• Santa Barbara County Animal Services in California. Community outreach coordinator Stacy Crump says 150 more dogs have been given up to the shelter compared with last year and more than 400 stray dogs have been taken in. "It's a really, really hard thing. People love their animals, and they don't want to give up their animal," Crump told 6 Action News - KSBY of Santa Barbara. The shelter is receiving so many pets that it is running out of space and is even housing animals in its grooming room.
  • The Society for the Protection of Cruelty to Animals in Stratham, New Hampshire. Sheila Ryan, director of development and marketing, says the number of adoptions is down because of the economy. "Our incoming numbers are about normal, but what we have been hearing, more often the cause for surrender is financial." Ryan told the Portsmouth Herald. "Some people come right out and say they're losing their home due to foreclosure. Most people say they are moving and can't afford their dog any longer."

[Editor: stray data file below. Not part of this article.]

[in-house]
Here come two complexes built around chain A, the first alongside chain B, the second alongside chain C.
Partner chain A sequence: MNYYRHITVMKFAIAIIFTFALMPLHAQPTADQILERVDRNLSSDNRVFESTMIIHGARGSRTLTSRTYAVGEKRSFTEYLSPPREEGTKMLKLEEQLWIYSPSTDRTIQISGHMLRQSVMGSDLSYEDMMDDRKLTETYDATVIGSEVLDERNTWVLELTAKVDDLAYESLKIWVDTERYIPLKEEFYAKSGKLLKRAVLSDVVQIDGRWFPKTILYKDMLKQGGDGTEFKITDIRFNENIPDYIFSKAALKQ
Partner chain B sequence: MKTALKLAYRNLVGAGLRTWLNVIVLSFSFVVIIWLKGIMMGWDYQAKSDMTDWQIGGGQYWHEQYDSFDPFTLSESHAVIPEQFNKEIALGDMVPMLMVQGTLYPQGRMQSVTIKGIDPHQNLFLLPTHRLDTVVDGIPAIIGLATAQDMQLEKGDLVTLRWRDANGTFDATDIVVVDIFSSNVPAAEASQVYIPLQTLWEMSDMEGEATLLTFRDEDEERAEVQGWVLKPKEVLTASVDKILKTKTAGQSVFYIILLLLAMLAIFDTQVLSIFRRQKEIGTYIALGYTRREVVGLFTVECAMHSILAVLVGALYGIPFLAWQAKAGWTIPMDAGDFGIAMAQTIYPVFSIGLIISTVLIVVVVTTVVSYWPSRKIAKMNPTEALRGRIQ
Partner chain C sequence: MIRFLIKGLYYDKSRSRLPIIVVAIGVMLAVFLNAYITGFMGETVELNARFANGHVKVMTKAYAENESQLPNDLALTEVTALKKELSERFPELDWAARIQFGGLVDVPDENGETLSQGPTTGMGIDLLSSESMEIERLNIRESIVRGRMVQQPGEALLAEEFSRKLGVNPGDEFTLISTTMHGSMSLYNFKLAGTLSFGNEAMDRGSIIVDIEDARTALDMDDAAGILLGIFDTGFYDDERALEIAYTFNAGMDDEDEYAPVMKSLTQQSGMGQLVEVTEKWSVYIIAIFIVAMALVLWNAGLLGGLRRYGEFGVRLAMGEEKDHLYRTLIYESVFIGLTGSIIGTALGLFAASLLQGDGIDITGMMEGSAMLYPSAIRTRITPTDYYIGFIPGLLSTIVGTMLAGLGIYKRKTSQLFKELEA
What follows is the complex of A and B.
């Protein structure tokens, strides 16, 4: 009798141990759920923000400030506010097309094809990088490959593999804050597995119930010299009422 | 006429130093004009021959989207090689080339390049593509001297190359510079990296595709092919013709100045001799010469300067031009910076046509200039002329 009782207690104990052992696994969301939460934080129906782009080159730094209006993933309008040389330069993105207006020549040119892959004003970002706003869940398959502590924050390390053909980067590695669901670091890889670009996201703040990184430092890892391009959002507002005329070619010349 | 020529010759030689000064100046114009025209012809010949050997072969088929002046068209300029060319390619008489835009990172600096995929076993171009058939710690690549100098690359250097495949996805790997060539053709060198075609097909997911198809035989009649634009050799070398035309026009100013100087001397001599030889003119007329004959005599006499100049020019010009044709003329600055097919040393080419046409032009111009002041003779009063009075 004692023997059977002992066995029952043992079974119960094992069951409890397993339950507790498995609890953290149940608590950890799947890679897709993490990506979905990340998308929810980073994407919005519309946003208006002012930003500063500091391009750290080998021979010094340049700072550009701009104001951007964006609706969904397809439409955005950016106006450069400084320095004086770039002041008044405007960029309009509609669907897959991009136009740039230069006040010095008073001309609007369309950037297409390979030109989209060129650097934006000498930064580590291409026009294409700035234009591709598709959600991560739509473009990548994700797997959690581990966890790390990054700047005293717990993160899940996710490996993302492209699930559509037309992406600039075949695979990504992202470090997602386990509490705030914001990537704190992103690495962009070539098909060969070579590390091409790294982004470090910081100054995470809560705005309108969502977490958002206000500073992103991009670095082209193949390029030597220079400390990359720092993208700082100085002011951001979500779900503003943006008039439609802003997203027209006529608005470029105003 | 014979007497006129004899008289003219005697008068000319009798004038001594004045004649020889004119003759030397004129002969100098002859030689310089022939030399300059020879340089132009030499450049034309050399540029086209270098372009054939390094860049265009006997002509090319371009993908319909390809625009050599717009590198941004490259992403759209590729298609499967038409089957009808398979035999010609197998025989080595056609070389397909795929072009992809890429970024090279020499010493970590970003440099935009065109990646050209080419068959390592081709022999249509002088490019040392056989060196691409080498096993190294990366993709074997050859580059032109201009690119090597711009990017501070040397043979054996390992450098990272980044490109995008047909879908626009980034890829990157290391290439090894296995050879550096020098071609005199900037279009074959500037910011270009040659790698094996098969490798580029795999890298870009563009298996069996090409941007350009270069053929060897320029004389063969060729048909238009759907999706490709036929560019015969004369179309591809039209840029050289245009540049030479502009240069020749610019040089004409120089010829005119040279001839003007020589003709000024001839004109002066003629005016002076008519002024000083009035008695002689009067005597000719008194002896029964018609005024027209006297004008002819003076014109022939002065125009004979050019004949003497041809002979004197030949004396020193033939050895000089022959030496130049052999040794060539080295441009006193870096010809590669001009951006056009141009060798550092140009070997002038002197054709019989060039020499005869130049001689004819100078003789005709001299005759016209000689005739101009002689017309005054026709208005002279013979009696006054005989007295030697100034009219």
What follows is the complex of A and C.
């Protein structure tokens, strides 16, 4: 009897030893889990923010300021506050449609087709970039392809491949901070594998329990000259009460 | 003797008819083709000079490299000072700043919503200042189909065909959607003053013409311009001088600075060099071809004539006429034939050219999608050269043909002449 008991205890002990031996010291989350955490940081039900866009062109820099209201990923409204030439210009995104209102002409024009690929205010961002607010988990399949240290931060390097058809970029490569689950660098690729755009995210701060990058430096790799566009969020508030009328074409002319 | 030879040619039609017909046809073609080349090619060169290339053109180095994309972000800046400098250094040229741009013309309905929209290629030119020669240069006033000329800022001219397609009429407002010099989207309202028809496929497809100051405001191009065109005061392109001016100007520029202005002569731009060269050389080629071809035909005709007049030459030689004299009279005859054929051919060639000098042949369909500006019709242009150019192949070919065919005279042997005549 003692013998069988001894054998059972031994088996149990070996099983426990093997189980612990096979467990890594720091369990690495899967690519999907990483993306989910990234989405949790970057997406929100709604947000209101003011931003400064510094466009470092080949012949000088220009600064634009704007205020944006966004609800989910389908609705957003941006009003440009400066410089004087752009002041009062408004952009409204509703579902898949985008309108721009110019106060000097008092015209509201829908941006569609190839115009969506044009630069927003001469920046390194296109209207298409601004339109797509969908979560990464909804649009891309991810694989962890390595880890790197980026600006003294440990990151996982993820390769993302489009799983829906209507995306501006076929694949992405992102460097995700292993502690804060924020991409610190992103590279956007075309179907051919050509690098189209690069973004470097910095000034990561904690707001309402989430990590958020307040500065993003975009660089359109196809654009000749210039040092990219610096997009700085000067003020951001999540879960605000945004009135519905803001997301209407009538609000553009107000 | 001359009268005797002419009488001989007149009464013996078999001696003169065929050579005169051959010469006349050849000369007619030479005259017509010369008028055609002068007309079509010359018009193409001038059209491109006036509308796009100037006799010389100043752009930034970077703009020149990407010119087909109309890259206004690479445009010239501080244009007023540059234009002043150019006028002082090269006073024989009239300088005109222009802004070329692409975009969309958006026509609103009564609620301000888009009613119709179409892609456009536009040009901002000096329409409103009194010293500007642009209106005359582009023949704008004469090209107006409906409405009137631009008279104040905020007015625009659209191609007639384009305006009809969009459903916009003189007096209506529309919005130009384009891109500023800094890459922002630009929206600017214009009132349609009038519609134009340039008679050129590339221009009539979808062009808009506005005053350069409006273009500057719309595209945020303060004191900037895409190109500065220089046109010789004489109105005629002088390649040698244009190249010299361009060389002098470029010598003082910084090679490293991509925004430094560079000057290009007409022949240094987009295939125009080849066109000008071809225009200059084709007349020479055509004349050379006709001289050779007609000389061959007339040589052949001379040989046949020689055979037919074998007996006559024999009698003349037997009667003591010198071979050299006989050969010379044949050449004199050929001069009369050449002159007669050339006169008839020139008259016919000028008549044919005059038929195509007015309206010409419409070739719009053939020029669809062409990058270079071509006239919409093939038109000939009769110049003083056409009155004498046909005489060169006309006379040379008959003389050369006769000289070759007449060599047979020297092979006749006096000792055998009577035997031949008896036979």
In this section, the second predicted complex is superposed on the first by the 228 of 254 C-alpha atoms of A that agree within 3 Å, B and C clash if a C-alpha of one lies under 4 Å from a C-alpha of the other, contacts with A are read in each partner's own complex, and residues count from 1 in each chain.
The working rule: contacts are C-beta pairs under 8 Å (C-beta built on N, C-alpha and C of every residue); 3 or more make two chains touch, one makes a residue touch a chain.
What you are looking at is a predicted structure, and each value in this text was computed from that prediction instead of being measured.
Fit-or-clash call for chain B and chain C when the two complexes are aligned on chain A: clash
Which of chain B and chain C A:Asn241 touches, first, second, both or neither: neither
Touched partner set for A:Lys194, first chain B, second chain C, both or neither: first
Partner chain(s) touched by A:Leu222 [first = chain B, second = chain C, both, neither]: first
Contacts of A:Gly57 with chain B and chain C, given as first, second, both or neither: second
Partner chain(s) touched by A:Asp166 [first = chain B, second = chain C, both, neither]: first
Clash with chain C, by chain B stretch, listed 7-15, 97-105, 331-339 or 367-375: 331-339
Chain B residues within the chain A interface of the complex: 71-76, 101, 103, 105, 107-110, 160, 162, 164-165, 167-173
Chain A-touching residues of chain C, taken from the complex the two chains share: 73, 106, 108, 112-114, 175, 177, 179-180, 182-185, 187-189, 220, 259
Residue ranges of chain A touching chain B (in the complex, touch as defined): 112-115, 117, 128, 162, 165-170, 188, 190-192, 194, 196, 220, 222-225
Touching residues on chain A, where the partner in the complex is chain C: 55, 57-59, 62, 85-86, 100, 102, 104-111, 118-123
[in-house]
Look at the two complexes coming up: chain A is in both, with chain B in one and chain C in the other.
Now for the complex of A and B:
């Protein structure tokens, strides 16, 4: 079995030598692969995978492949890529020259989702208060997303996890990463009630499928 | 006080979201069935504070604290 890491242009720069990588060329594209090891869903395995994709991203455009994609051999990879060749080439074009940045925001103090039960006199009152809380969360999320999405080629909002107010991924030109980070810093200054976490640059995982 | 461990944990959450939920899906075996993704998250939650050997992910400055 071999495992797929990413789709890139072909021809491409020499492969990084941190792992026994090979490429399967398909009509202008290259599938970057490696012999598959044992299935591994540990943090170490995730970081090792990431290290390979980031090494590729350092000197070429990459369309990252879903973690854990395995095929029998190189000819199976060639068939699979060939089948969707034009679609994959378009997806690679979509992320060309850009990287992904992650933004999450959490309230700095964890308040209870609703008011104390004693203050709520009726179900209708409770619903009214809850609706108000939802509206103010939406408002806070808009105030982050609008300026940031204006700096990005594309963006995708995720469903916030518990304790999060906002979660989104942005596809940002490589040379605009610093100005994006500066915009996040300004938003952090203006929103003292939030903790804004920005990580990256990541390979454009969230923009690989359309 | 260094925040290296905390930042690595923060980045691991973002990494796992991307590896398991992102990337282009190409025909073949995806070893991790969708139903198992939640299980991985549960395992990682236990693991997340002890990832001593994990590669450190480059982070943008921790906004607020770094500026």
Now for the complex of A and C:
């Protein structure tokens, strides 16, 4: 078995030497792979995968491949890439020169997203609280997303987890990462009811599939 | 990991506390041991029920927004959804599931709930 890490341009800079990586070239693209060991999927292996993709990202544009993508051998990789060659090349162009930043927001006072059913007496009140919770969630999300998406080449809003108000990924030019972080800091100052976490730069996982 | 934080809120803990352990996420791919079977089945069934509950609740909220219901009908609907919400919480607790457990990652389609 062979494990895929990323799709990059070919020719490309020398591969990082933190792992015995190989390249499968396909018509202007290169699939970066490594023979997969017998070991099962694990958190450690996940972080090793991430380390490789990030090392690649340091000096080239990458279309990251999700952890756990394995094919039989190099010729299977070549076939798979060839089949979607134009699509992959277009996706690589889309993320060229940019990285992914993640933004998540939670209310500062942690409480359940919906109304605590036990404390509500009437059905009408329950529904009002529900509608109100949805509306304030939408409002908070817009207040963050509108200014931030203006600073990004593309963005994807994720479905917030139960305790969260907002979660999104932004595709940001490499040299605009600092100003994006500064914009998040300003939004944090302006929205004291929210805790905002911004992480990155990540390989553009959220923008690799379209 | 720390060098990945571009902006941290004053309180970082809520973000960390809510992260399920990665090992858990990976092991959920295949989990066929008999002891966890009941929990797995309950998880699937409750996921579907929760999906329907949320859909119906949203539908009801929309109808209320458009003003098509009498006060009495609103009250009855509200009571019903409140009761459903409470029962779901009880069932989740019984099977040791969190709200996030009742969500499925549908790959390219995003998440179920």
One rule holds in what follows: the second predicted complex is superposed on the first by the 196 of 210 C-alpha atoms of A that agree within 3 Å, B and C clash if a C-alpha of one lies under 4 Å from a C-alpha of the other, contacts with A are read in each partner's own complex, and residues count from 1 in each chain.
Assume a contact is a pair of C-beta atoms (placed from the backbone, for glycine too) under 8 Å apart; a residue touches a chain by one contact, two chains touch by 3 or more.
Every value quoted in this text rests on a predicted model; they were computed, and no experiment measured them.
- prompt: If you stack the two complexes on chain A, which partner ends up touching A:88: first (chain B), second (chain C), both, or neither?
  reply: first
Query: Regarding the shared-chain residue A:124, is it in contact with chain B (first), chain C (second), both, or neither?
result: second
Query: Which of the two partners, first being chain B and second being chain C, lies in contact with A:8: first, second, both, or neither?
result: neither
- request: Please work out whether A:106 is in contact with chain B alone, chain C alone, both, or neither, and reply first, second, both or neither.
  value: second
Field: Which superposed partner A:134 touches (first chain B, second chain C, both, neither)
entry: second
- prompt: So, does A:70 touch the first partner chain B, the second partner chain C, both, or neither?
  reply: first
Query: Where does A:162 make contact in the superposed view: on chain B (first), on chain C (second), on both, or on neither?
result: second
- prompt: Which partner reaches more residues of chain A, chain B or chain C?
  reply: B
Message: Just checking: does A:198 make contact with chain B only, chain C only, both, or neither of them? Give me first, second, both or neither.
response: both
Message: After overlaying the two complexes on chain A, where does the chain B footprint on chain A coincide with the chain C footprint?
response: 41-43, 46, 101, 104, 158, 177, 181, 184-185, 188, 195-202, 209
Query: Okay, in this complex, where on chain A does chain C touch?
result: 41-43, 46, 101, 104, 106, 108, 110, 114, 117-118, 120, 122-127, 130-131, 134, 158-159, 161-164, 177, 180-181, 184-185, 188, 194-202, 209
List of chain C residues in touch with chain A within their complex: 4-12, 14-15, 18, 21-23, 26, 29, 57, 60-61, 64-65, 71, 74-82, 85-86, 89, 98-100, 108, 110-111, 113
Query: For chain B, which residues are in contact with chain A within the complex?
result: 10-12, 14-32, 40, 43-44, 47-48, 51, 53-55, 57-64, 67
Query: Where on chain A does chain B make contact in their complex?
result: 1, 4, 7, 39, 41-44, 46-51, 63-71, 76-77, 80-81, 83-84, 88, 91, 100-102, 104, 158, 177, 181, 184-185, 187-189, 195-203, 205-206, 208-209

• The Centerville shelter operated by the Massachusetts Society for the Prevention of Cruelty to Animals. MSPCA spokesman Brian Adams says 107 people have had to surrender pets this year. Of that total, four pets have been surrendered because of foreclosures and 23 because their owners could no longer afford them. "We are definitely seeing additional surrenders at our shelters due to foreclosures," Adams told the Cape Cod Times.
And food assistance efforts include:
  • Lowcountry Pet Food Bank of North Charleston, South Carolina. Charleston Animal Society president Charles Karesh says the new food bank gives out dog and cat food to pet owners on disability, government assistance and others with economic troubles on a case-by-case basis. "What we want to do is eliminate the problem of people not being able to feed their animals," Karesh told Live 5 News of South Carolina. "We feel like that is a basic requirement that families ought to stay together." The Animal Society says it has seen an increase in the number of animals surrendered due to tough economic times within the last three months. It gets about 10 animals a week whose owners say they just cannot afford to take care of them.